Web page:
Try it in a recipe: Chocolate Chunk, Pecan, and Miso Cookies by The Floured Kitchen
3 Make them extra chewy
If your favorite part of a chocolate chip cookie is the soft and chewy center, follow these simple steps to ensure your next batch is ooey-gooey all the way through. Use a recipe with a higher ratio of brown to white sugar, as brown sugar has a higher moisture content than white granulated sugar. Also, do not skip the dough freezing process. Give your cookies at least two hours (or up to a full day) to firm up in the freezer. This crucial step will keep your cookies thick and chewy and prevent the dough from spreading out (too much spreading will result in a crispy cookie).
Try it in a recipe: Perfect Vegan Chocolate Chip Cookies by Nora Cooks
4 Make them extra crispy
For those who prefer a snap to their cookie, inverse the chewy cookie concept. Increase your ratio of granulated white sugar to brown sugar, and pop the dough in the freezer just for thirty minutes or so. Adding slightly more butter to the dough (for example, two-and-a-half sticks instead of two) will make the cookies spread and provide that super crispy edge you crave.
Try it in a recipe: Crispy Cookies by Chocolate Covered Katie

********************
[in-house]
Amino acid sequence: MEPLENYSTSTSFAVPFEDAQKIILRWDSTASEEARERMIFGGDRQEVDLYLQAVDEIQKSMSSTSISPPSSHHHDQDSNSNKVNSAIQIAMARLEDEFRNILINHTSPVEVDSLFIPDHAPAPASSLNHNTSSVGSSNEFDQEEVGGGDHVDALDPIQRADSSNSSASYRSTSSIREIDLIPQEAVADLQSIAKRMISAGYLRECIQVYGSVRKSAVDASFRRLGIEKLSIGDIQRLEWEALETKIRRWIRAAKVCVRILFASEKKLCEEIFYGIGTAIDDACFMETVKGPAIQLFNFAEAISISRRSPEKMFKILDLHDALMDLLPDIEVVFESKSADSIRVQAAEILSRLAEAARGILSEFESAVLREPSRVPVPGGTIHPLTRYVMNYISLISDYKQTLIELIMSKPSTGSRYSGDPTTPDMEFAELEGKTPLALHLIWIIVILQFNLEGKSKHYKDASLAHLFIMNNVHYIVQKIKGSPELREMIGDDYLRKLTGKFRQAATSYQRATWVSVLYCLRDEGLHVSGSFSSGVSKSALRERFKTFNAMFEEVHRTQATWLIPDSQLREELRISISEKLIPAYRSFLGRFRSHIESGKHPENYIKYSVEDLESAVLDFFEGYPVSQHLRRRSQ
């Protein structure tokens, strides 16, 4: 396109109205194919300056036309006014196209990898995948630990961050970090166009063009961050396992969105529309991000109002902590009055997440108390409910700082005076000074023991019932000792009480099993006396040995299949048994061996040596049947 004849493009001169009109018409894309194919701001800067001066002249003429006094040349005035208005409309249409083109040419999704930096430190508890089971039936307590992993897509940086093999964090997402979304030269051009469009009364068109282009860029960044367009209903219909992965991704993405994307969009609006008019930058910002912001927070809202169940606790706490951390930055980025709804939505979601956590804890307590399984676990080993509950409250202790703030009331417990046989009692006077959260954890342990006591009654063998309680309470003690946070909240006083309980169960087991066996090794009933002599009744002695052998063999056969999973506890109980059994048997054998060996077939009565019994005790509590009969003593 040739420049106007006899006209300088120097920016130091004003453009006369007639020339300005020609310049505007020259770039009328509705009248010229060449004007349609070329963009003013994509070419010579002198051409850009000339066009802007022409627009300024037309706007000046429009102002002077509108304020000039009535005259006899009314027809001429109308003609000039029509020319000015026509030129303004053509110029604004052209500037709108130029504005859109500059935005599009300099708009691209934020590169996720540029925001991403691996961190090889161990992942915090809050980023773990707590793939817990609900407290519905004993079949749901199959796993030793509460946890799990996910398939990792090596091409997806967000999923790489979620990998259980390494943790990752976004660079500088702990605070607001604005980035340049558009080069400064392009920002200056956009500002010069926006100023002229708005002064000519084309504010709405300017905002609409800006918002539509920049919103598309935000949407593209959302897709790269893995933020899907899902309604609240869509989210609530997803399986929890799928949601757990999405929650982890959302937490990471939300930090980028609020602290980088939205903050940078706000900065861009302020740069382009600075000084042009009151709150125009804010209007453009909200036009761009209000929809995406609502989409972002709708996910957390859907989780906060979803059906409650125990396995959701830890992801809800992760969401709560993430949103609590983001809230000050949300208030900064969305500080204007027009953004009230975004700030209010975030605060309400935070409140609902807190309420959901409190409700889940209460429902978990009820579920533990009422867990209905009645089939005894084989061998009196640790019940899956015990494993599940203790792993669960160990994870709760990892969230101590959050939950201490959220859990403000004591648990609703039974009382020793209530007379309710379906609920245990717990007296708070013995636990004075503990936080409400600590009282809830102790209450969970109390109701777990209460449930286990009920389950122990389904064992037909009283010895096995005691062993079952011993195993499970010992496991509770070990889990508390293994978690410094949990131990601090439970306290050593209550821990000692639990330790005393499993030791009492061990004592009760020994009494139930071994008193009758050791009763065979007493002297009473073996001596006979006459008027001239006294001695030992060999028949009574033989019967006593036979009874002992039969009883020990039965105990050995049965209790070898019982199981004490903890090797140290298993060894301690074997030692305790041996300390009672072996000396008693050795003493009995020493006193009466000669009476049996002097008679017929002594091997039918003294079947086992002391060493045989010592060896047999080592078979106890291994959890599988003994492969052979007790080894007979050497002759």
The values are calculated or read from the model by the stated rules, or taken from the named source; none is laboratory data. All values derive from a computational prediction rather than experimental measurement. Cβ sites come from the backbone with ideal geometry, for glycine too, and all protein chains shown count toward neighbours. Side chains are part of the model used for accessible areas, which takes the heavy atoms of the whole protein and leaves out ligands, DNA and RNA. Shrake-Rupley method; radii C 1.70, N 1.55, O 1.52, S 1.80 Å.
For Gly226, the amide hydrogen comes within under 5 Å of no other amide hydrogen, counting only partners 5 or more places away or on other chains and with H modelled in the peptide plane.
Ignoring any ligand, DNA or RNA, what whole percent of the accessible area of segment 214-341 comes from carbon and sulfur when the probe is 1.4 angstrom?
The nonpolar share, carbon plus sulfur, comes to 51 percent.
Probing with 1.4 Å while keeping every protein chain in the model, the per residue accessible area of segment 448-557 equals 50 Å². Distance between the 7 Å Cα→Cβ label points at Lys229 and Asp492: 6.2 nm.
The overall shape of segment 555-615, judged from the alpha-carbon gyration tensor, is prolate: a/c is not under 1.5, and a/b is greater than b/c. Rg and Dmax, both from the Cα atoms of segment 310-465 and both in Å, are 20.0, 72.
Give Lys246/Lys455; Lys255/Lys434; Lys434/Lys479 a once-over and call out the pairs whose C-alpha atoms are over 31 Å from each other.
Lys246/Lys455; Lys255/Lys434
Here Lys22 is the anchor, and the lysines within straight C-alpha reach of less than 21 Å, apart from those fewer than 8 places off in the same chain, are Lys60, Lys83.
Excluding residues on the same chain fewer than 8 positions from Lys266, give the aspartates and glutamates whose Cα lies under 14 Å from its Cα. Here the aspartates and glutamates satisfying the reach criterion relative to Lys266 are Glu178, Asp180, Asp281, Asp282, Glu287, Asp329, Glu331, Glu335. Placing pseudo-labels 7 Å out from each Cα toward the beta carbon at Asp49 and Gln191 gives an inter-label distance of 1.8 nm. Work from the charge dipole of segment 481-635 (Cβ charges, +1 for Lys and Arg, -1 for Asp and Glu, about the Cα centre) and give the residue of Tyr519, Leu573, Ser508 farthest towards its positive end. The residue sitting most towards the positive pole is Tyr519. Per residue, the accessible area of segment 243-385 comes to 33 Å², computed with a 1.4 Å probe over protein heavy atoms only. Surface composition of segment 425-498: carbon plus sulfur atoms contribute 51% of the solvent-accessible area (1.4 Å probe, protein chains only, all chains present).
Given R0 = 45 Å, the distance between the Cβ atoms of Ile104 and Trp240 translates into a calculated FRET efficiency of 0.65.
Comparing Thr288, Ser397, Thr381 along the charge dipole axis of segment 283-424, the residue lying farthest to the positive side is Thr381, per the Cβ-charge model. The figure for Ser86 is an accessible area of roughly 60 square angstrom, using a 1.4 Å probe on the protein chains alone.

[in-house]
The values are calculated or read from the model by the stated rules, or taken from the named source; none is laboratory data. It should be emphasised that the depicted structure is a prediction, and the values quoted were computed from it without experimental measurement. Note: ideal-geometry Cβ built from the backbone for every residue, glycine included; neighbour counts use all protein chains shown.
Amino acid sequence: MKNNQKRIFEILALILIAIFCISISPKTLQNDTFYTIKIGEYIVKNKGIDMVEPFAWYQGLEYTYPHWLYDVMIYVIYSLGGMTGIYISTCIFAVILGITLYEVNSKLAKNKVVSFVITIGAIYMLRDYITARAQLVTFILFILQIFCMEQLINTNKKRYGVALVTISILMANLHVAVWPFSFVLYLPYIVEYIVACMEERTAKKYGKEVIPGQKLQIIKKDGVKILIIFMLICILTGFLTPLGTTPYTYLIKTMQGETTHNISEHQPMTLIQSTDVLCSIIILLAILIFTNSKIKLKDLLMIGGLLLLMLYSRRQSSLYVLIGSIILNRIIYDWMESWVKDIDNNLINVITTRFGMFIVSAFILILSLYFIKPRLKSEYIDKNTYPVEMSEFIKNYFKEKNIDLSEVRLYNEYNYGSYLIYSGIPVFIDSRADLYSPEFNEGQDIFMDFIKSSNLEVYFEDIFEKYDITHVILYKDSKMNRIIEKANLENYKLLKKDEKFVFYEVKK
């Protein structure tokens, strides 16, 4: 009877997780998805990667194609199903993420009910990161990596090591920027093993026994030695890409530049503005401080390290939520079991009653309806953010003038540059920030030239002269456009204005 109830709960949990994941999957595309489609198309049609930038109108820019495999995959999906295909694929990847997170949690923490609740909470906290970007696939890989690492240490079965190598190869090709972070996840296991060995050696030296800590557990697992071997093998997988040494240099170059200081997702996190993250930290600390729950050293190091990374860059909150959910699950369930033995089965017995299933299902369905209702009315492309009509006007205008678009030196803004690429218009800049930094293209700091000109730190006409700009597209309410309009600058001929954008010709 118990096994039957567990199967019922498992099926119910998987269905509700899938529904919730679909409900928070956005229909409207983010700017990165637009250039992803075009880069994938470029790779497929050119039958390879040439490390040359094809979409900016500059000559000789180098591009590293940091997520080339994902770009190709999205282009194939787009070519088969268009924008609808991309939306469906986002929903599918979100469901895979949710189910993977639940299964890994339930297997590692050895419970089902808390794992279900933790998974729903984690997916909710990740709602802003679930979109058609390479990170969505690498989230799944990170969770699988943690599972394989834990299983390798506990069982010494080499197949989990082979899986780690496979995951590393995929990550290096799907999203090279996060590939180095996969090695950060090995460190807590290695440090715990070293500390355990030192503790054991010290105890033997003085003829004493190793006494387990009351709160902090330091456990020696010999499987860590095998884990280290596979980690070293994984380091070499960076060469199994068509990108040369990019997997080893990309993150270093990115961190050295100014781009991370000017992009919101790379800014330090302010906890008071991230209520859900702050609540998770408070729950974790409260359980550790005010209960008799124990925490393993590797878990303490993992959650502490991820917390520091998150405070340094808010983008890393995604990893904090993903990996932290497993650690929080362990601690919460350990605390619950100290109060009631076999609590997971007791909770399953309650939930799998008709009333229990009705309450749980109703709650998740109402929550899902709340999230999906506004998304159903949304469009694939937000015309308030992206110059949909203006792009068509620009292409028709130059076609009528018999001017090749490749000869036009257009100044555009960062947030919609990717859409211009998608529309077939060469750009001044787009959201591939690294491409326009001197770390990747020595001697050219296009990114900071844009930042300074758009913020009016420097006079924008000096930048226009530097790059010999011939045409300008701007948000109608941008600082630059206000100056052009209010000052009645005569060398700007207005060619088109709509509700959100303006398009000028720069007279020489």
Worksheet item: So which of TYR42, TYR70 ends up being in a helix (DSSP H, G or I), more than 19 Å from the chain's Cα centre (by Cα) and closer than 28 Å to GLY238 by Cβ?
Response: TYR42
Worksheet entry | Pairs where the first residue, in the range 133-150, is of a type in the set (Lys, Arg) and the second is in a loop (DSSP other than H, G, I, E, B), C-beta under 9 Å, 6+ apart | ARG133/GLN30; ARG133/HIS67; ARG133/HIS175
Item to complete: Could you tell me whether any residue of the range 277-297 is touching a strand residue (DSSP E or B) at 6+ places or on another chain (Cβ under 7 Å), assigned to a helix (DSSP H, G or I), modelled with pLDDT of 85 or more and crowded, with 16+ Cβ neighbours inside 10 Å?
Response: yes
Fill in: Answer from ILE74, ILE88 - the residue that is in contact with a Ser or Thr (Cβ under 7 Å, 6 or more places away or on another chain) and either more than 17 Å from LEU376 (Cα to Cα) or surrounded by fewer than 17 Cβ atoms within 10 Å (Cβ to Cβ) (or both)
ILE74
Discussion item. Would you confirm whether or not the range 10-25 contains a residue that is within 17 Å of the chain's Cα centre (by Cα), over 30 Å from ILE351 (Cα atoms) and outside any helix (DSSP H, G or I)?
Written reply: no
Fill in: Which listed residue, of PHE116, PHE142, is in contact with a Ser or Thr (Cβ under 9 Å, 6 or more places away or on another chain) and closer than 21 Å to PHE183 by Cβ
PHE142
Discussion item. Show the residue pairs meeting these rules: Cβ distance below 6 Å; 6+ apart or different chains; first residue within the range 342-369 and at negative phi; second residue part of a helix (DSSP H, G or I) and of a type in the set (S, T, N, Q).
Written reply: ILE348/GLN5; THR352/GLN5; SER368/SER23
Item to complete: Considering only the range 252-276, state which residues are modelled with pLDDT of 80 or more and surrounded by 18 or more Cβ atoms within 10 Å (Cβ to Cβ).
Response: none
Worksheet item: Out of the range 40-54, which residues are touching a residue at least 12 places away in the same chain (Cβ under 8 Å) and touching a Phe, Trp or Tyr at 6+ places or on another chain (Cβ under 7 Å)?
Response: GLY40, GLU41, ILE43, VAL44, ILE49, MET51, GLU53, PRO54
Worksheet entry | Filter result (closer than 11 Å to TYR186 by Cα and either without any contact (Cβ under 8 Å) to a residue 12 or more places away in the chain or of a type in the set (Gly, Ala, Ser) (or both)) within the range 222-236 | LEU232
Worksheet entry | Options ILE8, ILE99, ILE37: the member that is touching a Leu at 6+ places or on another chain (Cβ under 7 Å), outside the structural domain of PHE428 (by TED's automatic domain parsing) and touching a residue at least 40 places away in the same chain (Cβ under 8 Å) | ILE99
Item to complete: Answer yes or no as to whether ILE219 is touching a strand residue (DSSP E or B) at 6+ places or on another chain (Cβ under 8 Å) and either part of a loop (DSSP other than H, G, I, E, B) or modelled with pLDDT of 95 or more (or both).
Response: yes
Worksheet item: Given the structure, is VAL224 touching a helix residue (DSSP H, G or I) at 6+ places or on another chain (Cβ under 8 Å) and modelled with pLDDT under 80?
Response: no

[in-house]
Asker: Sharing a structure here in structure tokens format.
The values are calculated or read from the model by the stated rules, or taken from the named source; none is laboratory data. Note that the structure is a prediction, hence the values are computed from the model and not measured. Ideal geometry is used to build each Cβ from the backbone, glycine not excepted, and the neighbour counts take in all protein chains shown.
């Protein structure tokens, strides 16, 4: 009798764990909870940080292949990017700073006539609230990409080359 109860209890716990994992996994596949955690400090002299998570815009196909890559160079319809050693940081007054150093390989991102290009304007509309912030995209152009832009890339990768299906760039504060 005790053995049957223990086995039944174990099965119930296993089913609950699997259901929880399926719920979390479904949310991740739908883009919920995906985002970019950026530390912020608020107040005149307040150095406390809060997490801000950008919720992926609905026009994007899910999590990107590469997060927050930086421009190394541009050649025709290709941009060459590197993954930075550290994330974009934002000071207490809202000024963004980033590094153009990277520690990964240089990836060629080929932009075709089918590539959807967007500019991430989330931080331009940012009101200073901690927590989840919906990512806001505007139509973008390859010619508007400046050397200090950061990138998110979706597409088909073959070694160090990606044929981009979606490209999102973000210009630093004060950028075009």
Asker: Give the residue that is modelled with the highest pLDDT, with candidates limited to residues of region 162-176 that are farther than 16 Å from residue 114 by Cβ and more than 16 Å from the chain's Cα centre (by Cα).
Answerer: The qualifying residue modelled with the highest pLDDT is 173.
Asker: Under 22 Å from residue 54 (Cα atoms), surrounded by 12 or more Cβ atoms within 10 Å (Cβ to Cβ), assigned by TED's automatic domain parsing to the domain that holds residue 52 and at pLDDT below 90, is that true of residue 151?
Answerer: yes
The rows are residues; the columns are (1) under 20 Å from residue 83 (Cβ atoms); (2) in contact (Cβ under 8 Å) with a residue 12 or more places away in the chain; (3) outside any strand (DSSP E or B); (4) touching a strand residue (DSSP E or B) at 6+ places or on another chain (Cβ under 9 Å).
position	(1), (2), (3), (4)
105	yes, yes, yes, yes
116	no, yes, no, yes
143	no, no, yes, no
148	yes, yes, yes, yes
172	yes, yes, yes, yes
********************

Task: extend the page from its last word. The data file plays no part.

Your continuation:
5 Use a cast-iron skillet
This recipe makes one cookie … the size of a pizza! Modeled after the famous BJ’s Restaurant Pizzookie, these giant cookies are best served warm and topped with a few scoops of vegan ice cream. The cast iron creates crispy, chewy edges that melt into a gooey molten center just shy of hot cookie dough. This is the one chocolate chip cookie you’ll need to eat with a spoon.
Try it in a recipe: Chocolate Chip Skillet Cookie by Six Vegan Sisters
6 Bang the pan
Popularized by recipe blogger Sarah Kieffer, the pan-banging method is the key to creating mouthwatering crinkled cookies with super tender centers, chewy inner perimeters, and crispy edges. It’s a textural masterpiece with rivulets of oozing chocolate. The trick: about ten minutes into cookie-baking, lift the pan up about four inches and let it fall onto the oven rack. Let your cookies cook two minutes more, then repeat this lift-and-fall process a few more times until you see the wrinkles on the cookie. Note: you need to start out with big cookies—we’re talking one-third cup of dough for each one.